When it comes to physical therapy billing, you have to know your stuff—because even the simplest mistakes can cause denials. Of course, knowing billing backwards and forwards doesn’t have to be complicated. That’s why we created a comprehensive billing resource specifically for PTs. Take the guesswork out of billing. Enter your email address below, and we’ll send your free guide.

  • The Ultimate ICD-10 FAQ: Part Deux Image

    articleSep 24, 2015 | 16 min. read

    The Ultimate ICD-10 FAQ: Part Deux

    Just when we thought we’d gotten every ICD-10 question under the sun, we got, well, more questions. Like, a lot more. But, we take that as a good sign, because like a scrappy reporter trying to get to the bottom of a big story, our audience of blog readers and webinar attendees aren’t afraid to ask the tough questions—which means they’re serious about preparing themselves for the changes ahead. And we’re equally serious about providing them with …

  • Common Questions from Our Medicare Open Forum Webinar Image

    articleOct 25, 2018 | 43 min. read

    Common Questions from Our Medicare Open Forum Webinar

    Earlier this week, WebPT President Dr. Heidi Jannenga, PT, DPT, ATC, teamed up with Rick Gawenda, PT—President and CEO of Gawenda Seminars & Consulting—to host a Medicare Open Forum . As expected, we received more questions than our Medicare experts could answer during the live session, so we've provided the answers to the most frequently asked ones below. Don't see the answer you're looking for? Post your question in the comment section at the end of this …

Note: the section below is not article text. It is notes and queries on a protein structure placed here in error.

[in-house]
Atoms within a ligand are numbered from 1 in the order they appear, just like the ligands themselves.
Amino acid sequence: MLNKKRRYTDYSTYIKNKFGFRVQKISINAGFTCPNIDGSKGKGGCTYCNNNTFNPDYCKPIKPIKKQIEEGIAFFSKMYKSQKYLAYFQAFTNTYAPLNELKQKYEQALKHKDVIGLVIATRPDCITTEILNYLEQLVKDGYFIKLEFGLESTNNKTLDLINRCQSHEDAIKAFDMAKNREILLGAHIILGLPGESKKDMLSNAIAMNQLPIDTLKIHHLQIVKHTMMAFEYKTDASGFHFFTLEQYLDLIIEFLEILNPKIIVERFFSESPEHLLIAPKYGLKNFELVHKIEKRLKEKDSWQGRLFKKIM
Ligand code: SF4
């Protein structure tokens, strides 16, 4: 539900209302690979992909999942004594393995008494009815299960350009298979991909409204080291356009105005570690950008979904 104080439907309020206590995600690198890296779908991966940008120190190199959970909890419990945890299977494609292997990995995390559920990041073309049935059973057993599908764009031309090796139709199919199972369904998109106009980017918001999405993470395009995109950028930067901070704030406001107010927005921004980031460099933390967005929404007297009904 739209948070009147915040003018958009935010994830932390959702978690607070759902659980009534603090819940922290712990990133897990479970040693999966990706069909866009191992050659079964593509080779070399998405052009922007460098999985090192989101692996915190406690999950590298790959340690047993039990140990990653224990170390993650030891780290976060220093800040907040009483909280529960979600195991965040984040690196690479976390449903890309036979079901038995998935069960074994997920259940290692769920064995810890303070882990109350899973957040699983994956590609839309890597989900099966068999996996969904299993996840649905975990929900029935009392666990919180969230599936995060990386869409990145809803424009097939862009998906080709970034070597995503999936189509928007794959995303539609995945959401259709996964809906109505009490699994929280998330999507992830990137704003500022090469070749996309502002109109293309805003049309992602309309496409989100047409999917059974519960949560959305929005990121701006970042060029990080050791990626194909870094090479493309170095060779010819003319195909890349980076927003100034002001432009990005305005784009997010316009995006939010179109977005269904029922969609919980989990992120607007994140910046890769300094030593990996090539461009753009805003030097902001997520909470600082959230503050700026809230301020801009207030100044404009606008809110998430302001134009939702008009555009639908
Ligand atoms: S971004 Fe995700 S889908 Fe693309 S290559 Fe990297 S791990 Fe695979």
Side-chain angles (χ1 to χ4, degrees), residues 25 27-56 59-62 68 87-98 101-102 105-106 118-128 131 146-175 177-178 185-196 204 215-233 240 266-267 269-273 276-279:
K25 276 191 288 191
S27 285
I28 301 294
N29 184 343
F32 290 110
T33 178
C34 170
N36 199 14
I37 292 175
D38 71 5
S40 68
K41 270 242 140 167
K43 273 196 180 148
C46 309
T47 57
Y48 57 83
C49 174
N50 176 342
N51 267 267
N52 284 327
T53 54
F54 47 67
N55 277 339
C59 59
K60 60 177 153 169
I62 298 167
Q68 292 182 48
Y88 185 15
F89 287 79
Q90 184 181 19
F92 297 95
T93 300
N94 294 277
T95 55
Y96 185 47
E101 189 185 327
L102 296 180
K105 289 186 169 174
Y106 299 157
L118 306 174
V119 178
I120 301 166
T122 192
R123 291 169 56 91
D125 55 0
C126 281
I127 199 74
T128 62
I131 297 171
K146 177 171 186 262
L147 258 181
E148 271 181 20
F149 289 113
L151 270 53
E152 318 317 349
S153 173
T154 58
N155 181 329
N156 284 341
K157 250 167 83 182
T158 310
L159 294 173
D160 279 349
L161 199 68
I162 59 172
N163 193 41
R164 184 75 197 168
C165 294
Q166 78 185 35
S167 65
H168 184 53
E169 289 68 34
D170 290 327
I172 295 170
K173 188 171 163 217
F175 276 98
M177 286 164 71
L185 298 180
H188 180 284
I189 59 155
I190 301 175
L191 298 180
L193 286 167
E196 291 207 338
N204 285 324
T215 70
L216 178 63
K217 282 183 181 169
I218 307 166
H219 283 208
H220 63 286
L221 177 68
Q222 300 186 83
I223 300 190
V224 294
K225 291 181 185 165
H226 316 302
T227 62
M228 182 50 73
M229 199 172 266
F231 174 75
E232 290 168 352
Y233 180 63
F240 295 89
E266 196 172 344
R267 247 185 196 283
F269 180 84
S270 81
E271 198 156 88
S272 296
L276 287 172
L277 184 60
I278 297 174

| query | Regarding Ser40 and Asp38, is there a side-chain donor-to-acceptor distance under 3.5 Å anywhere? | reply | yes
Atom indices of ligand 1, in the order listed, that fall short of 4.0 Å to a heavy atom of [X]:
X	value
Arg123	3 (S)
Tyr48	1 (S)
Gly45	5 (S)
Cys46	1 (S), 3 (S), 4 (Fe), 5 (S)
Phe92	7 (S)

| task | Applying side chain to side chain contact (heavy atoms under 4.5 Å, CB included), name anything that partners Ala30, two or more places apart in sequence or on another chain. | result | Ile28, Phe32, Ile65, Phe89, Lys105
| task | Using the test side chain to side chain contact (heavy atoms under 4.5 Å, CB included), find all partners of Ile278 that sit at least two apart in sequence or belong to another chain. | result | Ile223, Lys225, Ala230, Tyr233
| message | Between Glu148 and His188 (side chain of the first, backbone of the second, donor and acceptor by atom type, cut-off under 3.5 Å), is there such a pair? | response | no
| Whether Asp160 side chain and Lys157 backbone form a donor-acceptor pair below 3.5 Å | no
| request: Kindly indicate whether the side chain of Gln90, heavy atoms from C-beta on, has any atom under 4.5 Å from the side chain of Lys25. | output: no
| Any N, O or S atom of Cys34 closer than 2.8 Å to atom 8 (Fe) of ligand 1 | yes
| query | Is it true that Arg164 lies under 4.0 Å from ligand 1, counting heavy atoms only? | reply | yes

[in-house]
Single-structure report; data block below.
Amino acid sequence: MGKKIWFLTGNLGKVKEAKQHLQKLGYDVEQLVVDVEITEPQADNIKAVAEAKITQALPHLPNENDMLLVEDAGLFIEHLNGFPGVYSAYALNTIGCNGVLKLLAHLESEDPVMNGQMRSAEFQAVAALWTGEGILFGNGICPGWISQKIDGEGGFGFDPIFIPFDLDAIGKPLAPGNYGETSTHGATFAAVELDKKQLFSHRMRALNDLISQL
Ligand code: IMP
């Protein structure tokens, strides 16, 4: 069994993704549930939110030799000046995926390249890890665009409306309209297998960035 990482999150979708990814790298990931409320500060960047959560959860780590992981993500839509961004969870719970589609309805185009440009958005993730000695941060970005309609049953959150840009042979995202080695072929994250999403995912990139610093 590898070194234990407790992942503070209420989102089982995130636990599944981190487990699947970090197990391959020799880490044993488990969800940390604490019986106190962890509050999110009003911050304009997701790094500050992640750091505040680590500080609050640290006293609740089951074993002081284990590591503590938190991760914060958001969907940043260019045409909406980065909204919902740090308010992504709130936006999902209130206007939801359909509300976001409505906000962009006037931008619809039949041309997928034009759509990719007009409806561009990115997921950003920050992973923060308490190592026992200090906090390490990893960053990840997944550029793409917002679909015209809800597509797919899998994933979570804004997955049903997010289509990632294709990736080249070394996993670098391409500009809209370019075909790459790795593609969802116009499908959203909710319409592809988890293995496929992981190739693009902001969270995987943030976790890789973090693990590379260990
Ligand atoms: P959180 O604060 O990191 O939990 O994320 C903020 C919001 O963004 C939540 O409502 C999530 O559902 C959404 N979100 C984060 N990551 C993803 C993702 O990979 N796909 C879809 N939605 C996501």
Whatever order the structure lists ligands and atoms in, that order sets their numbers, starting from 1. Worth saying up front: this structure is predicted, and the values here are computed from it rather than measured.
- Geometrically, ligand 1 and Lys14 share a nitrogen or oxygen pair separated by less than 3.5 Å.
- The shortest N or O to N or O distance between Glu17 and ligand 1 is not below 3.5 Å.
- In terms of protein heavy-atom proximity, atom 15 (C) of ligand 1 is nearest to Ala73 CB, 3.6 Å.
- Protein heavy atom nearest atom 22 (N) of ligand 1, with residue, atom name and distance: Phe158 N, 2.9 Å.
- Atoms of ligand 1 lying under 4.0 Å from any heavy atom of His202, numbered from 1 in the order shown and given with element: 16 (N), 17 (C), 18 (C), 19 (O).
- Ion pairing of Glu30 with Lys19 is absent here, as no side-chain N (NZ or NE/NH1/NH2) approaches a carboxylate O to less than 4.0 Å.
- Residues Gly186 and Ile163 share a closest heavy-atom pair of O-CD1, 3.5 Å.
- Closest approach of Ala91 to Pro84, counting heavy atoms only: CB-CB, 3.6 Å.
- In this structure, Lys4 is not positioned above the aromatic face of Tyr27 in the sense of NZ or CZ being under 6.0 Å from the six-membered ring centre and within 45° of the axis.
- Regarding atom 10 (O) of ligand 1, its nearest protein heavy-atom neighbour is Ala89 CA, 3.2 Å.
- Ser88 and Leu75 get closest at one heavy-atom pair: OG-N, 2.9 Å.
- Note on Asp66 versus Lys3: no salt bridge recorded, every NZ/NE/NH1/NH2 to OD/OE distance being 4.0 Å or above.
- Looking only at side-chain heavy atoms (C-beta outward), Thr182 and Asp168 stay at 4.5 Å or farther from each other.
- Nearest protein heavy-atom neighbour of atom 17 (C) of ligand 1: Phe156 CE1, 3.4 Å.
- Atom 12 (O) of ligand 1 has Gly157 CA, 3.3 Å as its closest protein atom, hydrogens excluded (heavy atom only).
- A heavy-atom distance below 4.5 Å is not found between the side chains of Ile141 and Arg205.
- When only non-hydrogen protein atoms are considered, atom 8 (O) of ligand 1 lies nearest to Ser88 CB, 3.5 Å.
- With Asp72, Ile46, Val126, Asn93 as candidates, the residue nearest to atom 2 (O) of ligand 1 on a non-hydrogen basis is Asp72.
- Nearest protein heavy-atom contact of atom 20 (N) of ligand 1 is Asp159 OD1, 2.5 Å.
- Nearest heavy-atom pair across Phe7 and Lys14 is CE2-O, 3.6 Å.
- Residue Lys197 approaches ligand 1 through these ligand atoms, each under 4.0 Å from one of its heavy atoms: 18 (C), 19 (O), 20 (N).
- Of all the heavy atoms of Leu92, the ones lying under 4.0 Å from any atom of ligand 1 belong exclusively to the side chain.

• The 8-Minute Rule Showdown: Medicare vs. AMA Image

    articleNov 25, 2015 | 5 min. read

    The 8-Minute Rule Showdown: Medicare vs. AMA

    The guidelines for using the 8-Minute Rule are kind of like the instructions for building a piece of furniture from IKEA: they appear simple at first, but before you know it, you’ve been struggling for hours, you’ve got a lopsided futon, and there are seven leftover screws of various shapes and sizes scattered around your living room floor (maybe they’re just extras, right?). To make matters even more confusing, not all payers adhere to the same set …

  • Double Duty: How to Bill for PT and OT on the Same Day Image

    articleNov 12, 2018 | 6 min. read

    Double Duty: How to Bill for PT and OT on the Same Day

    In many cases, physical therapy and occupational therapy go together like peanut butter and jelly. PTs and OTs often share similar goals and interventions, treat the same types of patients in the same settings, and get confused by the billing rules that apply to our respective specialties. This confusion leads to quite a few questions, including this head-scratcher: how does one bill for OT and PT provided to a single patient on the same day? While the …

Achieve greatness in practice with the ultimate EMR for PTs, OTs, and SLPs.